Metallic hair helps ants beat extreme desert heat
Hair is usually employed by the animal kingdom for insulation. Some famous examples include species with so much fur they’re named for it, like a woolly mammoth. This is only one side of the insulation story though, as Saharan silver ants prove hair’s utility in staying cool as well. This is important, as they often find themselves out looking for food in temperatures of up to 158º Fahrenheit.
The hair works in two ways, reflecting sunlight and helping remove heat from the ants’ bodies. The distinctive silver coloring of their tiny hairs acts like a layer of tin-foil, reflecting visible sunlight as well a near-infrared light when the ants venture outside. Aside from the color, the shape of the hairs help too. Rather than round shafts, each hair is shaped like a tall, triangular prism. They also have a hard bend in them, so that they don’t lay flush against the ant’s carapace. Instead, they leave a then layer of air that helps circulate air around each hair, helping to draw heat off of it, and therefore off the ant. It’s similar to heat sinks used in cooling computer components, only on an amazingly compact scale.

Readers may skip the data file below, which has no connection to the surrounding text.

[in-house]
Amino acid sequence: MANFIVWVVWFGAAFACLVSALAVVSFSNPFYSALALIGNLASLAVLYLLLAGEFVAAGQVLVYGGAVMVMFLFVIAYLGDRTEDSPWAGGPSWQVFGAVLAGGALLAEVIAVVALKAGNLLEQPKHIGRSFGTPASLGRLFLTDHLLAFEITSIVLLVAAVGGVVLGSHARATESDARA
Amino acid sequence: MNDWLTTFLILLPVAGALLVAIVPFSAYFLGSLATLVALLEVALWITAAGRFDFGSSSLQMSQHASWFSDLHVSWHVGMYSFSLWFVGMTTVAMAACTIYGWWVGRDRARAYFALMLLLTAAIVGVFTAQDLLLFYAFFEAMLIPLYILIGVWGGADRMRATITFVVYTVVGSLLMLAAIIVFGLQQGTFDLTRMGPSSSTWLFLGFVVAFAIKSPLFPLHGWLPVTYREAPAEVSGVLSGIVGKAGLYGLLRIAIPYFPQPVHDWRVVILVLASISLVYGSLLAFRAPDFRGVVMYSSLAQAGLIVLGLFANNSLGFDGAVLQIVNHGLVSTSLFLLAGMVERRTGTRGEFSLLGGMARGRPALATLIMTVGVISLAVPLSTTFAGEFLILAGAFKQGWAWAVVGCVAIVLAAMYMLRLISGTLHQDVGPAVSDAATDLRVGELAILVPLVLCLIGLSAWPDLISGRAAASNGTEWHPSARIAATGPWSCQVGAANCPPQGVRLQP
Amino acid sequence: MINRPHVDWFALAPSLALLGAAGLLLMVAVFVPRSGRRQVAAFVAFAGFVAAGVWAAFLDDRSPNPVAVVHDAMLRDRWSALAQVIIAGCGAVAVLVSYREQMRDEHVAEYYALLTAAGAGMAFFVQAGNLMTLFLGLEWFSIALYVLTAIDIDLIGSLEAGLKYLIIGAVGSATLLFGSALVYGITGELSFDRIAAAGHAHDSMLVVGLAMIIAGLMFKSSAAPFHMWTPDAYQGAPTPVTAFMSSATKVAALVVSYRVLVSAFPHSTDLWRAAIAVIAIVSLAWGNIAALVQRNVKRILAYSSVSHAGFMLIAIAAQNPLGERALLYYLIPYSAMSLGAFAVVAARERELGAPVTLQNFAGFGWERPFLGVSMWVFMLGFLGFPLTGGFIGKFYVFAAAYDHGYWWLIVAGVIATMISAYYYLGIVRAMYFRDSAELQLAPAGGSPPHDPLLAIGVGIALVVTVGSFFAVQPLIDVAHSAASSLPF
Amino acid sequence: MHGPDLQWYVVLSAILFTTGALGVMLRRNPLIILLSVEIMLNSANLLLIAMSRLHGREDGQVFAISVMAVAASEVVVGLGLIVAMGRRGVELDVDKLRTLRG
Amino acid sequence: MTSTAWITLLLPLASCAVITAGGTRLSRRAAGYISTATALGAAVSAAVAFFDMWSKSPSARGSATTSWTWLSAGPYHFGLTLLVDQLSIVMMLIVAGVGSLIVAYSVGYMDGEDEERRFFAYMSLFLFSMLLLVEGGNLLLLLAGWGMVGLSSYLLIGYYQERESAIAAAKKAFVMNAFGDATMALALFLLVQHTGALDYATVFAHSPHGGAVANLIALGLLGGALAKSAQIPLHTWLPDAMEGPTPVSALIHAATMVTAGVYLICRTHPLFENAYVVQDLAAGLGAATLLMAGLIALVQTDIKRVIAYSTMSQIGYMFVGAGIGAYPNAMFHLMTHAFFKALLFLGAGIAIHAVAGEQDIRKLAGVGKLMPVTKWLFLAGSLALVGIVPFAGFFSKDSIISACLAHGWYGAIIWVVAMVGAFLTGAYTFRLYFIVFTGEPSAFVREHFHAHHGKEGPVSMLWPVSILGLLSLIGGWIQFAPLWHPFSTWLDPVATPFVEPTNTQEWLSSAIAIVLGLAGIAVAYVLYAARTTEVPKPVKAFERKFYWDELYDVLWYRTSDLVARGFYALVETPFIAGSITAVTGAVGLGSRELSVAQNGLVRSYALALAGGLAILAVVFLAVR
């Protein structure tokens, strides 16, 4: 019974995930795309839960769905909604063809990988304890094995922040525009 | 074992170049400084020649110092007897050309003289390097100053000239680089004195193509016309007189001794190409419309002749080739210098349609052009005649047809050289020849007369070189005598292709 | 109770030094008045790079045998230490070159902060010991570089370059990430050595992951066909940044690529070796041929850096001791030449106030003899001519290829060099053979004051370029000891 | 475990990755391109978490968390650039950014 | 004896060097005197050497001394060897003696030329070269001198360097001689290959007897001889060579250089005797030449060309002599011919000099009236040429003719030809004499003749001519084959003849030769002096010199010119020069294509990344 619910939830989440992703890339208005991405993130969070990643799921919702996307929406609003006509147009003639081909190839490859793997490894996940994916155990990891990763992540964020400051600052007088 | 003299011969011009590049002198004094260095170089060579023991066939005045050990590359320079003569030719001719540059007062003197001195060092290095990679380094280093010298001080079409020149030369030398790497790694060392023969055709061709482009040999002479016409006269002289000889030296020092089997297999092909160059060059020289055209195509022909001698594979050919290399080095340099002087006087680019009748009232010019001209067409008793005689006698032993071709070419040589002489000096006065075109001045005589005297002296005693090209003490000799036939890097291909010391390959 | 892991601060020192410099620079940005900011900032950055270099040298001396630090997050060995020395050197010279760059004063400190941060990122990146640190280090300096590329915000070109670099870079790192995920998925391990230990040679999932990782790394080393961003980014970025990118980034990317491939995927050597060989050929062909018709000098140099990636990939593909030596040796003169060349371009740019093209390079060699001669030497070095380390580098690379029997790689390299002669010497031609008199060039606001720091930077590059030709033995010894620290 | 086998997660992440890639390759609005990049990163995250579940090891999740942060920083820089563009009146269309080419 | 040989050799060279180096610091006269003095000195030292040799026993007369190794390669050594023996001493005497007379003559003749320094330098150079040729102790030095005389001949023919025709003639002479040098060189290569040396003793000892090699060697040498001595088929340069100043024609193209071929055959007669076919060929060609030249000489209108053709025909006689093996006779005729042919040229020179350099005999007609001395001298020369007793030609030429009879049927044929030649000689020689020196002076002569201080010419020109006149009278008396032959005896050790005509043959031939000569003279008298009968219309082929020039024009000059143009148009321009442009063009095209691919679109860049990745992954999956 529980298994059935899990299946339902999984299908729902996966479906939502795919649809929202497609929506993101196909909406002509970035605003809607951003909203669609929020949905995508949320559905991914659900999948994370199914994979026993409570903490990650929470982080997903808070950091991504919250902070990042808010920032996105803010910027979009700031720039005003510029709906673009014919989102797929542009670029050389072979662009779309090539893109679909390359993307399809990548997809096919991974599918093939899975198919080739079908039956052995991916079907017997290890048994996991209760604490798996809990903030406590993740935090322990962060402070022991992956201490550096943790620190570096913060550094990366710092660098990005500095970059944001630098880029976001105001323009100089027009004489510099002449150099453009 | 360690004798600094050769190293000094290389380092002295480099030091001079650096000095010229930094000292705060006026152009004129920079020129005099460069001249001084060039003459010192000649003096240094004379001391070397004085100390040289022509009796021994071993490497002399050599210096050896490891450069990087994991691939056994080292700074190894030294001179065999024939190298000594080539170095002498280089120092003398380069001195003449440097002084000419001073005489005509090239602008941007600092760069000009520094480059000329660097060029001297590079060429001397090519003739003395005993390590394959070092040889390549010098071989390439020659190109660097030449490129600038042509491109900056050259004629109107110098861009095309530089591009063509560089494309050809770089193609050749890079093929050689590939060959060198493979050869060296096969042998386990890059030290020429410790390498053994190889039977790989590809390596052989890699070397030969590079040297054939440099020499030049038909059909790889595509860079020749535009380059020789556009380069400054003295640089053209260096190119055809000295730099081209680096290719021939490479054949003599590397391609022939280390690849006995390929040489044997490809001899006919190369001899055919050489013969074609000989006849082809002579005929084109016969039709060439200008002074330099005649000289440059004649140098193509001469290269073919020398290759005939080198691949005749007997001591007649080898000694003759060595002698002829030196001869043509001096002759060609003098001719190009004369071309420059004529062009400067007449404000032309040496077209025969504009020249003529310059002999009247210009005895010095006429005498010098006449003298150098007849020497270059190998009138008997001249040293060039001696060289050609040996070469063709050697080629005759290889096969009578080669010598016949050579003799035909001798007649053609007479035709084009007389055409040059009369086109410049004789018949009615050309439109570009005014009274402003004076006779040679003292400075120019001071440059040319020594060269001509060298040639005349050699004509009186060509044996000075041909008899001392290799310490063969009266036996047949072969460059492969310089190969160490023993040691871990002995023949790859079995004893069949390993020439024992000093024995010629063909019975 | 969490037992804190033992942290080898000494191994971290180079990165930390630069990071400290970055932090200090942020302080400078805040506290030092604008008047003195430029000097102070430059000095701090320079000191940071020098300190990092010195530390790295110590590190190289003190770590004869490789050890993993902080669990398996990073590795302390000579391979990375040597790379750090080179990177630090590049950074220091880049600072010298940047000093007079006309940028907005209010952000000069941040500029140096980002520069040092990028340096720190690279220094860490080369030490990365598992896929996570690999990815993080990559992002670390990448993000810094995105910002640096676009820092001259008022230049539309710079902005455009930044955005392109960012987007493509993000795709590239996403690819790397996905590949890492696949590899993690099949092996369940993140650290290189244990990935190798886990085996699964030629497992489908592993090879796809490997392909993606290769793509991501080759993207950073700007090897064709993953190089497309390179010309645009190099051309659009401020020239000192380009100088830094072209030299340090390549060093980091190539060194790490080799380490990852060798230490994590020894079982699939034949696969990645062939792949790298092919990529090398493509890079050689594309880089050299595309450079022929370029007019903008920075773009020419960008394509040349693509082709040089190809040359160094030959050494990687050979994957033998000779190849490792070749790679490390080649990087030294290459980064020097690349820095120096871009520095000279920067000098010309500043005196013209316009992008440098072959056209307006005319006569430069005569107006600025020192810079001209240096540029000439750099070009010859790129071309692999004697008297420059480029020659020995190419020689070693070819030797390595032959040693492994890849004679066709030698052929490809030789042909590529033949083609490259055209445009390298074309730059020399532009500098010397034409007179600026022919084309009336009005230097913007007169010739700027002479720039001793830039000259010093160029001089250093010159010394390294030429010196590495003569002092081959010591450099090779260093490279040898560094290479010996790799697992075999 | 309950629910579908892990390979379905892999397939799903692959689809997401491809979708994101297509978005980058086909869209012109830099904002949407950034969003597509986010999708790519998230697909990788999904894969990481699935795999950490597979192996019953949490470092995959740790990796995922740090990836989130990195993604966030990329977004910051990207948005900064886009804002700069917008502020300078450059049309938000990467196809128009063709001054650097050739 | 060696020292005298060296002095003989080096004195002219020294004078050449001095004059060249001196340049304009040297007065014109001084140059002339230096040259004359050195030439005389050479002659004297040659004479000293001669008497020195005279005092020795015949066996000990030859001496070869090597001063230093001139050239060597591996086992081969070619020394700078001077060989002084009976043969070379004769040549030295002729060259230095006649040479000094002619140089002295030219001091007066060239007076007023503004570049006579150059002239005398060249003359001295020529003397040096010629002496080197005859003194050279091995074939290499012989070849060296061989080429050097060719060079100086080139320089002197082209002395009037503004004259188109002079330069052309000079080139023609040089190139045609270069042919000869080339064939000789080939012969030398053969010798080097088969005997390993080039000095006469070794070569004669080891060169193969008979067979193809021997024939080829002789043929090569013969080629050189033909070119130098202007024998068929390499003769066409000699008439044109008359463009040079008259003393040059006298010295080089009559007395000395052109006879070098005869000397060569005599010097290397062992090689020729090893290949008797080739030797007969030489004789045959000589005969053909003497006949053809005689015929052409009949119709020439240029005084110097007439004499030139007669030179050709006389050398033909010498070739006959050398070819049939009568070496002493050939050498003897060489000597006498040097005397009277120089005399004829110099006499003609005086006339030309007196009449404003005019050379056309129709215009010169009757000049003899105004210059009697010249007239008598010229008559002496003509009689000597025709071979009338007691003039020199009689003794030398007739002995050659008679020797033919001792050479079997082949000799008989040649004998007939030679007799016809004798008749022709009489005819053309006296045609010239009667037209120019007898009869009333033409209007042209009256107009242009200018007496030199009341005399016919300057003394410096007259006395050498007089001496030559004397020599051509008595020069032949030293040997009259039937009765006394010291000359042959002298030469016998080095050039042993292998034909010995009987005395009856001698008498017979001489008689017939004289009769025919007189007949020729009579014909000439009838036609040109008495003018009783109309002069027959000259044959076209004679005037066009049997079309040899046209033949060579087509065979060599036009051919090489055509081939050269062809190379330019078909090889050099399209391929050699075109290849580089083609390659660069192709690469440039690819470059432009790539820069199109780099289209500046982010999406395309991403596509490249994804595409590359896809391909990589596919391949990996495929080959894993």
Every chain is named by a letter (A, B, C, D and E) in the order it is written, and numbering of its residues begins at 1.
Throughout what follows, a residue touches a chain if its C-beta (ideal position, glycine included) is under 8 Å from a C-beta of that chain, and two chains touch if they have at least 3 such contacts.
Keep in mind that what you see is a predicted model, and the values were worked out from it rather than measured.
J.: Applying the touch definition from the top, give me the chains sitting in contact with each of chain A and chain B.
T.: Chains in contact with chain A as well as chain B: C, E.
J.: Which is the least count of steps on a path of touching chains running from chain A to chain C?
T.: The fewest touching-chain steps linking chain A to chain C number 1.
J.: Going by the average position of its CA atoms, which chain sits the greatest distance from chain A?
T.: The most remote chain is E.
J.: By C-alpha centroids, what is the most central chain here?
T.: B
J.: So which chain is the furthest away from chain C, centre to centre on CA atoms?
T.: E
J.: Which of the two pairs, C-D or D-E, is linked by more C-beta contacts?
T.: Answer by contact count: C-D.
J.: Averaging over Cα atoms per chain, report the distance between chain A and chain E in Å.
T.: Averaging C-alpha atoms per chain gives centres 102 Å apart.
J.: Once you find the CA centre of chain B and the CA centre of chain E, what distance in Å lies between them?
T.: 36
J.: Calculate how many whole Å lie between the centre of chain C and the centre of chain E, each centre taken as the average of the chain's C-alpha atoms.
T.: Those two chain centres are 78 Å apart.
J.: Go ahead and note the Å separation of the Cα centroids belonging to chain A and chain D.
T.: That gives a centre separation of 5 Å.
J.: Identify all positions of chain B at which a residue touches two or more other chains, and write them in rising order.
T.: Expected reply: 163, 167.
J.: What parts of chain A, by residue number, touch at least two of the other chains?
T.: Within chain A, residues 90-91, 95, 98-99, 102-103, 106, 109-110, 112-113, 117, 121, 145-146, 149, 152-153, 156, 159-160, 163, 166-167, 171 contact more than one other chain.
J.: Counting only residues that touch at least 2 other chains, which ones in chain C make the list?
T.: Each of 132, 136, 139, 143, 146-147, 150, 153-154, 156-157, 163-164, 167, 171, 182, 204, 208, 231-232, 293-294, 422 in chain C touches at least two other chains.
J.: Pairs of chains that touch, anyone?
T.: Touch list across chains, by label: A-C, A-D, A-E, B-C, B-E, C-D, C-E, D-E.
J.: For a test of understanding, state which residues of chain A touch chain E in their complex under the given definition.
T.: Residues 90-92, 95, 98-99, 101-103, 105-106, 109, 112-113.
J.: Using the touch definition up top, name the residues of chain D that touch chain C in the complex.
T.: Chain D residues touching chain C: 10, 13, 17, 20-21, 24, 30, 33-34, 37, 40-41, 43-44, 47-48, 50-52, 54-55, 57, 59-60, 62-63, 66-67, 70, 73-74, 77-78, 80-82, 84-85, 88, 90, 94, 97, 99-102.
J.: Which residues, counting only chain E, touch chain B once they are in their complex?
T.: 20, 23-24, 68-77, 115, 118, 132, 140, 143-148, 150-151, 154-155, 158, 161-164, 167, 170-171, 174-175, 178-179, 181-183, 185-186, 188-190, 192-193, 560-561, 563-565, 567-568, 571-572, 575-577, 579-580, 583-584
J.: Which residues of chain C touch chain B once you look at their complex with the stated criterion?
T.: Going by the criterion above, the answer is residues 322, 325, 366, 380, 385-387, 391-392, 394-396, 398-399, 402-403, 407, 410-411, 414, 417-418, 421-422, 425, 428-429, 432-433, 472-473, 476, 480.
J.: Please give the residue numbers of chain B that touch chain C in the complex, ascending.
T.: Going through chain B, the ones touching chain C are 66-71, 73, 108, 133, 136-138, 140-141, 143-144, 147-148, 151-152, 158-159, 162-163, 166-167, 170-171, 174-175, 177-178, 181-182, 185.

The combination of these two pieces of biological engineering make a huge difference. Properly hairy ants have their temperature reduced by as much as 50º F, which is good since the ants die at 128.48º F, leaving them a bit of a buffer when they go out searching for food. All together, this system allows the ants to actually take advantage of these extreme temperatures. Even though they only risk exposure for 10 minutes at a time, the environmental heat helps keep predators away. Since they’re the animal with the air-conditioning, it makes mid-day savaging much saver than dusk or at night, when most desert animals are more active.
Source: These ‘silver’ ants use special hairs to survive the harshest desert heat by Elahe Izadi, Speaking of Science